Once the action started, the central section of the stage became clearer. With a girder delineating each corner, the centre of the stage held various items of furniture, from the opening dinner table complete with fancy chandelier, through various other chair and table combos, then wheelchairs, a bed, a shopping trolley, piles of rubbish, etc., as well as occasionally being vacant. Behind this central section was a wall of high glass panels. Lurking figures could be seen through this, the homeless folk who inhabited the world outside the confines of the play. Pianos were everywhere, and provided the music and sound effects throughout, sometimes played in the usual fashion, and sometimes the strings were exposed and played directly, giving lots of crashing discords. The overall colour scheme was murky grey, but despite the apparent drabness the performance was full of life (till the end and all those dead bodies, of course). The costumes were modern, with occasional hints of historical peasant garb.

They started this production with a homeless person slamming the trapdoor open at the front of the stage. Then several of the dispossessed clambered out and gathered in front of the curtain, gazing through it at the dinner party on the other side. This was frozen to begin with, but then one of the homeless chaps removed his anorak and moved through the curtain to join the party, just as there was a burst of laughter from the table; he carried the piece of paper that was the map. The other homeless folk snuck off, though they were visible during the play at the sides and back. The characters at the table included Goneril, Albany, Regan and Cornwall, while Kent and Gloucester were sitting on the near side of the table. Ditching the usual opening about which of the Dukes Lear prefers (tactless in this situation), they went straight into Gloucester introducing Edmund to Kent. The others joined in the ribald laughter at Gloucester’s story, apart from Kent and also Albany, who looked askance at this social indiscretion. Edmund was civil and obliging as usual, but was clearly put out by his father’s announcement that he would be sent away again!

Lear arrived with Cordelia, who took her seat on the near side of the table as well, possibly in Gloucester’s vacated chair. As Lear presented the challenge to his daughters to profess the depth of their love for him, he seemed to be making it up off the cuff, and amidst the surprise Regan reacted by laughing out loud. When Goneril started her speech, she clearly thought that stating the matter was beyond words would be sufficient, and when she realised she was wrong she moved pretty quickly into flattery mode, trotting out the flowery lines like an old pro. Already middle-aged, she’d had plenty of time to practice the ‘oily art’ over the years. Cornwall stood up to watch closely what portion Goneril was being given – obviously keen to get as big a prize as he could from this little game show.

Regan had had time to prepare, of course, so she heaped the praises on with a fork lift truck. Goneril didn’t look too upset at being upstaged, but Cordelia was deeply troubled. I didn’t spot Kent’s reactions at this point, but I suspect he wasn’t keen on Lear’s little game. Regan was given her portion – Cornwall on his feet again, and apparently happy with his wife’s winnings – and then Cordelia had to go and spoil it all. She spoke from her heart, and I noticed Kent was nodding a little, making it clear he agreed with her completely, and setting the scene for his coming outburst. Lear tore the map in two and handed one part each to Albany and Cornwall at the appropriate moment, and I think he was standing on the table when he sent Kent packing. When Gloucester came on to introduce the French king and Burgundy, his confident announcement trailed off with surprise when he realised something strange had happened since he left the room earlier.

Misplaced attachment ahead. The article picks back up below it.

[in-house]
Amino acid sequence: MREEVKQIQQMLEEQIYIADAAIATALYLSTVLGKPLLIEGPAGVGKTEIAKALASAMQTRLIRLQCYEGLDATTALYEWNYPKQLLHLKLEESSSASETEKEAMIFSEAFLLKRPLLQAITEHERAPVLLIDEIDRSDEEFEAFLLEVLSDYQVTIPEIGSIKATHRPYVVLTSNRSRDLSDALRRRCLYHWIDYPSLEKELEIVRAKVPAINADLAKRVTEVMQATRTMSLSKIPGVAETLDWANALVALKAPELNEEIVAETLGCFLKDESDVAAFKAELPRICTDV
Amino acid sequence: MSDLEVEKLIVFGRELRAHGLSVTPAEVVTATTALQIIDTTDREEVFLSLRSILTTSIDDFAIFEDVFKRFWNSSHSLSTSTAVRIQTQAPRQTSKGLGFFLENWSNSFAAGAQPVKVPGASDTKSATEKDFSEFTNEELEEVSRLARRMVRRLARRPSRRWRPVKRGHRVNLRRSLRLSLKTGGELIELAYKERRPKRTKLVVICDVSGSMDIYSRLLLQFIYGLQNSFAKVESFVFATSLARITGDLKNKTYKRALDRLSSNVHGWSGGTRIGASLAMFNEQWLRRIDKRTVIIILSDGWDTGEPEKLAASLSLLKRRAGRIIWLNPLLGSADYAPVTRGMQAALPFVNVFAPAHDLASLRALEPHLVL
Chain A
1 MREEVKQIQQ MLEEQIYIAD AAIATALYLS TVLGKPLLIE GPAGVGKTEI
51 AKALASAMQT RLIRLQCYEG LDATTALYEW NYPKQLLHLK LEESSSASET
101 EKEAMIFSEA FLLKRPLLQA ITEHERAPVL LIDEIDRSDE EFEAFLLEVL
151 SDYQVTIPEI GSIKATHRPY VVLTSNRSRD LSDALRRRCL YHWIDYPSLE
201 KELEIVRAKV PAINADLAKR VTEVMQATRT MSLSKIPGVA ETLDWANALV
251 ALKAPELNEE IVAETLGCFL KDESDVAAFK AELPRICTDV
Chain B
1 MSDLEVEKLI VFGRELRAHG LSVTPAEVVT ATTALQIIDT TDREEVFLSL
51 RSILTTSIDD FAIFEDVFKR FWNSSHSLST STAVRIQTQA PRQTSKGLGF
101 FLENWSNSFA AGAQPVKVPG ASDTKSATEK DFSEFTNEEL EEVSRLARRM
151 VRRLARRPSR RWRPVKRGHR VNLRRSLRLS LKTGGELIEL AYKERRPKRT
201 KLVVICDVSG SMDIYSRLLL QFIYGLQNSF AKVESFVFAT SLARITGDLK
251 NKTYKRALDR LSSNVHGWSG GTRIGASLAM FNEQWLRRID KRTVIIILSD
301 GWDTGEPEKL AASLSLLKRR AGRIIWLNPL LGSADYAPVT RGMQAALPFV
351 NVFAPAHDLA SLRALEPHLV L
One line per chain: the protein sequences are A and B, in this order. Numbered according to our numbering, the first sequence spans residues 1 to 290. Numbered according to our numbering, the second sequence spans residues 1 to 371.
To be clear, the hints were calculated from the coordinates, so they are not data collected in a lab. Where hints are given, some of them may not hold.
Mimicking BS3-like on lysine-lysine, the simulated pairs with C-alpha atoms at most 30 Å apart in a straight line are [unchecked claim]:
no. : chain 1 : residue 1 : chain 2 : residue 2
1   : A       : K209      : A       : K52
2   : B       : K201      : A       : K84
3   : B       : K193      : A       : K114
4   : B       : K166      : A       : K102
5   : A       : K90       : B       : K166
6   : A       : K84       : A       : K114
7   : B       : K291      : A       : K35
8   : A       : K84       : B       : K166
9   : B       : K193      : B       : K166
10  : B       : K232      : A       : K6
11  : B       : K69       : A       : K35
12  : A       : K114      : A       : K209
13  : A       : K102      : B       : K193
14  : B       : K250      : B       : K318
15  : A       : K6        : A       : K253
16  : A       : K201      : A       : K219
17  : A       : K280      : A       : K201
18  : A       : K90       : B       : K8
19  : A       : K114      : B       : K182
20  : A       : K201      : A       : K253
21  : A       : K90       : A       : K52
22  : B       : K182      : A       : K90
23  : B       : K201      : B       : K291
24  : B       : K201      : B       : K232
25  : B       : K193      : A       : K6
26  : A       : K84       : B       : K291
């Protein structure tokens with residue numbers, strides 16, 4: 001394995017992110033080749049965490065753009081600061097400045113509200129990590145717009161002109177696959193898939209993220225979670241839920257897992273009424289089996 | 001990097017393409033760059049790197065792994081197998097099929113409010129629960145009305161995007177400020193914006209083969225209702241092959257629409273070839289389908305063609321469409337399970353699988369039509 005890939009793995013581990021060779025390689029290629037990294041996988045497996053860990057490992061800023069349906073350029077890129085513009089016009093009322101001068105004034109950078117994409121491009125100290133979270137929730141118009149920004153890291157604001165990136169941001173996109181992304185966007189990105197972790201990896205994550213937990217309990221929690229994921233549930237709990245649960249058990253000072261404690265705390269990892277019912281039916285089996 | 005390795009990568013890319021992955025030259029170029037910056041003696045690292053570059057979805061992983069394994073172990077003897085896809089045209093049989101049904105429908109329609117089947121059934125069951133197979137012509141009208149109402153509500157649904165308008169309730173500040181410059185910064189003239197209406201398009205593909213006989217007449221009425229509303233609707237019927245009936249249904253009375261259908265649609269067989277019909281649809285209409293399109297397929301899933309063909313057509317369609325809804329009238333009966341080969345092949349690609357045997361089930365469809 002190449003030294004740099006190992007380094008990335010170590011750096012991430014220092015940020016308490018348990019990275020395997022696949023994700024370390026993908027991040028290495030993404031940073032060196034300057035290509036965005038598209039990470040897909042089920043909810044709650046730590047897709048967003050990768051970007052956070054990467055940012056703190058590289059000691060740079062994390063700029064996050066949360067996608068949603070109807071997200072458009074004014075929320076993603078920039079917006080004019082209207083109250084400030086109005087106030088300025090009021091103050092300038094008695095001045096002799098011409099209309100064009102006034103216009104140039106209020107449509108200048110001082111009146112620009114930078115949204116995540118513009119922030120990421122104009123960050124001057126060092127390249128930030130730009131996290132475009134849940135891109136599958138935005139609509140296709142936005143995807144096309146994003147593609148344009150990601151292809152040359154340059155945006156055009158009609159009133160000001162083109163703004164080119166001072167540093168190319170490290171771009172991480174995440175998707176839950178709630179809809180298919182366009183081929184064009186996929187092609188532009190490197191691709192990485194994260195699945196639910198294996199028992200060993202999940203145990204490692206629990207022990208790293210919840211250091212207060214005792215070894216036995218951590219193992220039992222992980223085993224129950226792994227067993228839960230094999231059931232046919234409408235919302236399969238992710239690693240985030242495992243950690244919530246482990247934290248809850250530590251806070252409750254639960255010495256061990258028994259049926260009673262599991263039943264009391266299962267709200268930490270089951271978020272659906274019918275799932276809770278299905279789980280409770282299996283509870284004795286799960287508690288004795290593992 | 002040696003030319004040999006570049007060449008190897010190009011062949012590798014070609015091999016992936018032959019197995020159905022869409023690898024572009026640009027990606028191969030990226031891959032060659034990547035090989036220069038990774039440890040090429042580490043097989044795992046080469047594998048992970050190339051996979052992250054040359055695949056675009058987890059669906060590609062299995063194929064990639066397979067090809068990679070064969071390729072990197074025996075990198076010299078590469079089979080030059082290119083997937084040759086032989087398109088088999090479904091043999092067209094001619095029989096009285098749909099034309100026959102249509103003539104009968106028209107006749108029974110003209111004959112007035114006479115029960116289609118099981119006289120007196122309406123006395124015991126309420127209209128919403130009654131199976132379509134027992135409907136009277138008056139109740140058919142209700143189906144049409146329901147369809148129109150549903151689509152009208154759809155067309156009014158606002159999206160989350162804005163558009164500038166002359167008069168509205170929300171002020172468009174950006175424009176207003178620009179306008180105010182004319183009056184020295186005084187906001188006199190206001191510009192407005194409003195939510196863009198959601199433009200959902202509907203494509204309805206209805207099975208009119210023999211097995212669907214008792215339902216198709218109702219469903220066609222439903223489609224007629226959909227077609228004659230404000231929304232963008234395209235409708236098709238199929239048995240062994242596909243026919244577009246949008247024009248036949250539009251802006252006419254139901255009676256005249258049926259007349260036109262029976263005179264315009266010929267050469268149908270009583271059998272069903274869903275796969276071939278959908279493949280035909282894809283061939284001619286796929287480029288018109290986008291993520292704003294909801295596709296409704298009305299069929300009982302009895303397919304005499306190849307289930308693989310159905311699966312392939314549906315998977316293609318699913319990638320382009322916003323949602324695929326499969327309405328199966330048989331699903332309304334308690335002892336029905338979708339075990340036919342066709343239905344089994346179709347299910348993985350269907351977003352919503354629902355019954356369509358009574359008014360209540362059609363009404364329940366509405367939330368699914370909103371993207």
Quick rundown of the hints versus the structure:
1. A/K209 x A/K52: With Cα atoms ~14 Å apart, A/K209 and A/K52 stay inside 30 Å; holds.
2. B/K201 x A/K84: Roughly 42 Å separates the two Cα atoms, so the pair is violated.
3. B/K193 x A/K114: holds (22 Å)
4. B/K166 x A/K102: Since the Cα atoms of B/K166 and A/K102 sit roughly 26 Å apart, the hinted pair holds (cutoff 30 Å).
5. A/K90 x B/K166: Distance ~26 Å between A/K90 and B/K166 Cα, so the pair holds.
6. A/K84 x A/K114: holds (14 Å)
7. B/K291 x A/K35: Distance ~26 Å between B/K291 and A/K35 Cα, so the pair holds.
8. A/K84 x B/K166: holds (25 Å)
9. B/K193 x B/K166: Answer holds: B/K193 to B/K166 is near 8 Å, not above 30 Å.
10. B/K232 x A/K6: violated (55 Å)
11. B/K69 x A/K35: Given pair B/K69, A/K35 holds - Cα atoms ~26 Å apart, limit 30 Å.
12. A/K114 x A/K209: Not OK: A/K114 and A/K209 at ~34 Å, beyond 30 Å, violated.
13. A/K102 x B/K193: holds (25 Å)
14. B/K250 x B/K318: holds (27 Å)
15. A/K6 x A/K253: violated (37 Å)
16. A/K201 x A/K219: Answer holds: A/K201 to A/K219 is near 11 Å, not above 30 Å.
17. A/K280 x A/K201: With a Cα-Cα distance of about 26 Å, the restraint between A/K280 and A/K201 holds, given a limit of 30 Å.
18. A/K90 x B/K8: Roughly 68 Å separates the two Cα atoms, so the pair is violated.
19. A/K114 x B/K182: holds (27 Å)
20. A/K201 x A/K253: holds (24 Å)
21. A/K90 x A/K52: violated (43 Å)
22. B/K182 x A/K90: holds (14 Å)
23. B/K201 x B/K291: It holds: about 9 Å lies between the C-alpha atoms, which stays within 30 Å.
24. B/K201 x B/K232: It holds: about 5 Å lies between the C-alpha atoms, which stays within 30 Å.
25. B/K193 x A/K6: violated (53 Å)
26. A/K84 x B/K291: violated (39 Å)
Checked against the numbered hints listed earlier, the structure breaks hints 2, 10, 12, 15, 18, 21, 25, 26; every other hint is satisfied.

For this section, Lear sat behind the table, his beady eyes fixed on the action. When Burgundy refused Cordelia, Lear seemed grimly satisfied that his judgement was being effective against her. He wasn’t so pleased with the King of France for speaking up on Cordelia’s behalf, and his eyes were narrow slits when France declared Cordelia his queen. Lear left with Burgundy, and France had almost left the stage with Cordelia before he paused and told her to say farewell to her sisters, who were still sitting at the table. With their departure, Goneril and Regan had their little chat, and I noticed that Goneril not only appeared more confident than Regan, she was also quick to adopt the royal ‘we’ in her speech, while Regan had yet to realise her new position.

The servants cleared the table and chairs away during that last bit of the scene, and so they soon had the furniture set up for Gloucester’s house – a sofa and not much else. There was an overlap with the previous scene during the clearing; as Goneril strolled off stage she cast an approving eye on Edmund, who came on wearing a grey tracksuit and laid on the ground near the front the stage. After Goneril left and the changes were complete, Edgar came on and sat on the sofa to read the paper and drink his can of beer. I liked this staging; again it got across the domestic nature of the relationships, and increased the risk factor of Gloucester and Edgar finding out Edmund’s trick before it had a chance to work. It also had the benefit of telling us who Edgar is, which is handy when he’s hardly on stage at all before he appears, disguised, as Poor Tom. Edmund’s diatribe against the social exclusion of bastards was more obviously a soliloquy with Edgar being present, and he handled it pretty well. He also spotted the useful quality of the word ‘legitimate’ and added it to the letter he’d prepared earlier.